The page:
Beginning a dialogue to generate a vision (4)

Posted on August 9, 2007

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Do we have any local examples that would suit being used as case studies?

How can we shift sustainability from a fad to an enduring basis of what we do?

 

Zorn and Collins (earlier post) ask whether is sustainability is “merely a fashion”, with connotations of

“frivolousness, an emphasis on aesthetics (particularly superficial or surface aesthetics), a concern with image over substance, emotive or non-rational decision making, short term or temporary changes”.

They contrast this with alternative views of change: best practice; industry standards; and management knowledge. By “casting a critical eye” they aim to “encourage integrity and endurance of these movements”. They conclude that while sustainability may indeed be adopted as a fashion “it does not necessarily follow that adoption of a fashion means that it will have no substantial impact”. They give the case of Total Quality Management, originally adopted as a fashion but, crucially, has “become a standard practice – a given rather than a novel idea”.

On a similar line, Thomas (2005) asks “Are business students buying it?”. He develops a theoretical framework for measuring attitudes toward the legitimacy of environmental sustainability. The framework can be used for assessing the effectiveness of various pedagogical approaches to integrating sustainability into business school curricula.

Crucial to whether sustainability will attain legitimacy are studies of its role in the IT environment, it needs to be relevant to students. There is a need for studies into the integration of sustainability in computing. In wider business, Steiner and Steiner (2005) report that socially responsible organisations perform no worse and perhaps better than non-socially responsible organisations. Benn and Bubna-Litic (2004) found that “77% of (US) corporate recruiters think it important to hire graduates that are aware of social and environmental issues”.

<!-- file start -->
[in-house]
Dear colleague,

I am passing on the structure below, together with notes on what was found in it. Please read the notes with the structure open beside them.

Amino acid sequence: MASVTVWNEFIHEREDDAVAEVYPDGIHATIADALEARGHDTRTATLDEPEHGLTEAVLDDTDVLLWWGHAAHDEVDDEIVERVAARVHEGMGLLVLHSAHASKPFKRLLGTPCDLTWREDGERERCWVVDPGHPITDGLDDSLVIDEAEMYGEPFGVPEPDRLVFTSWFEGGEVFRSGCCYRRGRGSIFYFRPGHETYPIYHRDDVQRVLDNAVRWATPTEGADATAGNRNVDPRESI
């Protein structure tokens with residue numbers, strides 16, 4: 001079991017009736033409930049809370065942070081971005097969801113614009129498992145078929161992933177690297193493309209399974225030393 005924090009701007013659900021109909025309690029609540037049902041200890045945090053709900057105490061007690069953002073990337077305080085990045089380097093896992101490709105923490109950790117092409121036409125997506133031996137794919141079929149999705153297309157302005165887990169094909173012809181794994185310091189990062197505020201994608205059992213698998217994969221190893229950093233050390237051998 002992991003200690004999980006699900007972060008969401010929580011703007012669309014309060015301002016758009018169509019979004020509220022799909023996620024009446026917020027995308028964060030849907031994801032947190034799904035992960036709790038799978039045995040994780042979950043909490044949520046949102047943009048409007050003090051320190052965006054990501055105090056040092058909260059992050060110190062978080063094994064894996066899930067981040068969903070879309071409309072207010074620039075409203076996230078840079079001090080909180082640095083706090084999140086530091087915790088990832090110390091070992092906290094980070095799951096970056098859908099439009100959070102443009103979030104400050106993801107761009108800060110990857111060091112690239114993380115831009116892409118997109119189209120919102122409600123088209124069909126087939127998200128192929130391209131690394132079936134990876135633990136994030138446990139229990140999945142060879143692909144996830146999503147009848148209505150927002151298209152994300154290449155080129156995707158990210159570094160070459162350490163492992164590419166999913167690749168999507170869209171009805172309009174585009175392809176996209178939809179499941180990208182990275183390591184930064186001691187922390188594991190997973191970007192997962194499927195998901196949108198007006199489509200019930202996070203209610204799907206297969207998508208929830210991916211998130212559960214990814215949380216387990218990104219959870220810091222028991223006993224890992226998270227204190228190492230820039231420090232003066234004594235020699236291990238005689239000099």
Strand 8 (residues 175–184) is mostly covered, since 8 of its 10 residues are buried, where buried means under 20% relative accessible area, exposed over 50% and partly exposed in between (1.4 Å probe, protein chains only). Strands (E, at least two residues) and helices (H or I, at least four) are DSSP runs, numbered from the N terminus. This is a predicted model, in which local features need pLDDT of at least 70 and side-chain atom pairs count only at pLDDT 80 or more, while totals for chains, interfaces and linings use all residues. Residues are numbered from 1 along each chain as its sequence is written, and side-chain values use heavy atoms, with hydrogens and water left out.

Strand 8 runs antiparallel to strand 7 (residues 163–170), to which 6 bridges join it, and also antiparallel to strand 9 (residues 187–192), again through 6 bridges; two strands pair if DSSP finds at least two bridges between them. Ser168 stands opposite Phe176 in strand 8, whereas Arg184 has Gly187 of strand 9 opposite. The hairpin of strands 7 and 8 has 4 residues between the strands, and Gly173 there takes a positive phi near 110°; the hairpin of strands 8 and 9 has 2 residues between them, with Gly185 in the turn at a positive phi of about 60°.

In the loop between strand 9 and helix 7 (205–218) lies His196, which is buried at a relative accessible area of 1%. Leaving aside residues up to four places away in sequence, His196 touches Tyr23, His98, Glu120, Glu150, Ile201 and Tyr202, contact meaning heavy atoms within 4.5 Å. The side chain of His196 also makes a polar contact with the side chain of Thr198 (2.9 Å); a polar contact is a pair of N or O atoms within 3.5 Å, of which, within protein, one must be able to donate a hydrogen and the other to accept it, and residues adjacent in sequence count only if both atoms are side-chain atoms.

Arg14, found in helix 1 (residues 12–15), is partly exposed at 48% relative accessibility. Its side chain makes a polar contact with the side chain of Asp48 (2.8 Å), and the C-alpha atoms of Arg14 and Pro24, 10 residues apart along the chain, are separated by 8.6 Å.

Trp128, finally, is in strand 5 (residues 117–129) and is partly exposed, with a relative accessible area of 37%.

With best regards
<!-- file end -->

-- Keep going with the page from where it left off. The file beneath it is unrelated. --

Taking a different approach, Alvares and Rogers (2005) argued that focus on teaching sustainability as if it were “fixed and definable” is misplaced. They argue that a “prescriptive…sustainable design mapped onto the curriculum of various disciplines and fields”. They give the case of a course in “Farming the future”. It became apparent to staff and to some of the more reflective students that there was not a general agreement about how to tackle these concerns, or even which concerns were the most pressing or legitimate, or what were the best ways to implement sustainable practices, let alone what these practices might look like on the ground. So despite the authors best attempts to order what they were doing, in terms of particular sustainable solutions to particular on the ground farming and land use problems, what happened in talking to and visiting farmers and other land managers was that multiple interpretations, anecdotes, arguments and narratives kept emerging that challenged or subverted what the staff were attempting to do.

In other words, rather than being orderly and one-dimensional, it became increasingly clear that at the “local” level what was considered to be “sustainable” by some in the community, was often seen to be either the opposite or irrelevant by others. Had the students remained in the classroom with community and its socio-environmental context at a distance the shift that occurred in the learning experience would have been less likely to occur. Largely because, from a distance, complexities and multiple perspectives can be selected out or simply are not apparent.

McKeon (2002) gives a toolkit with classroom learning activities that incorporate sustainability (primarily high school) and activities to “re-orient education to address sustainability”. While general in application these activities could be adopted (as a starting point at least) to form a “toolkit for IT sustainability education”.

…previous dialogue 1, 2 , 3

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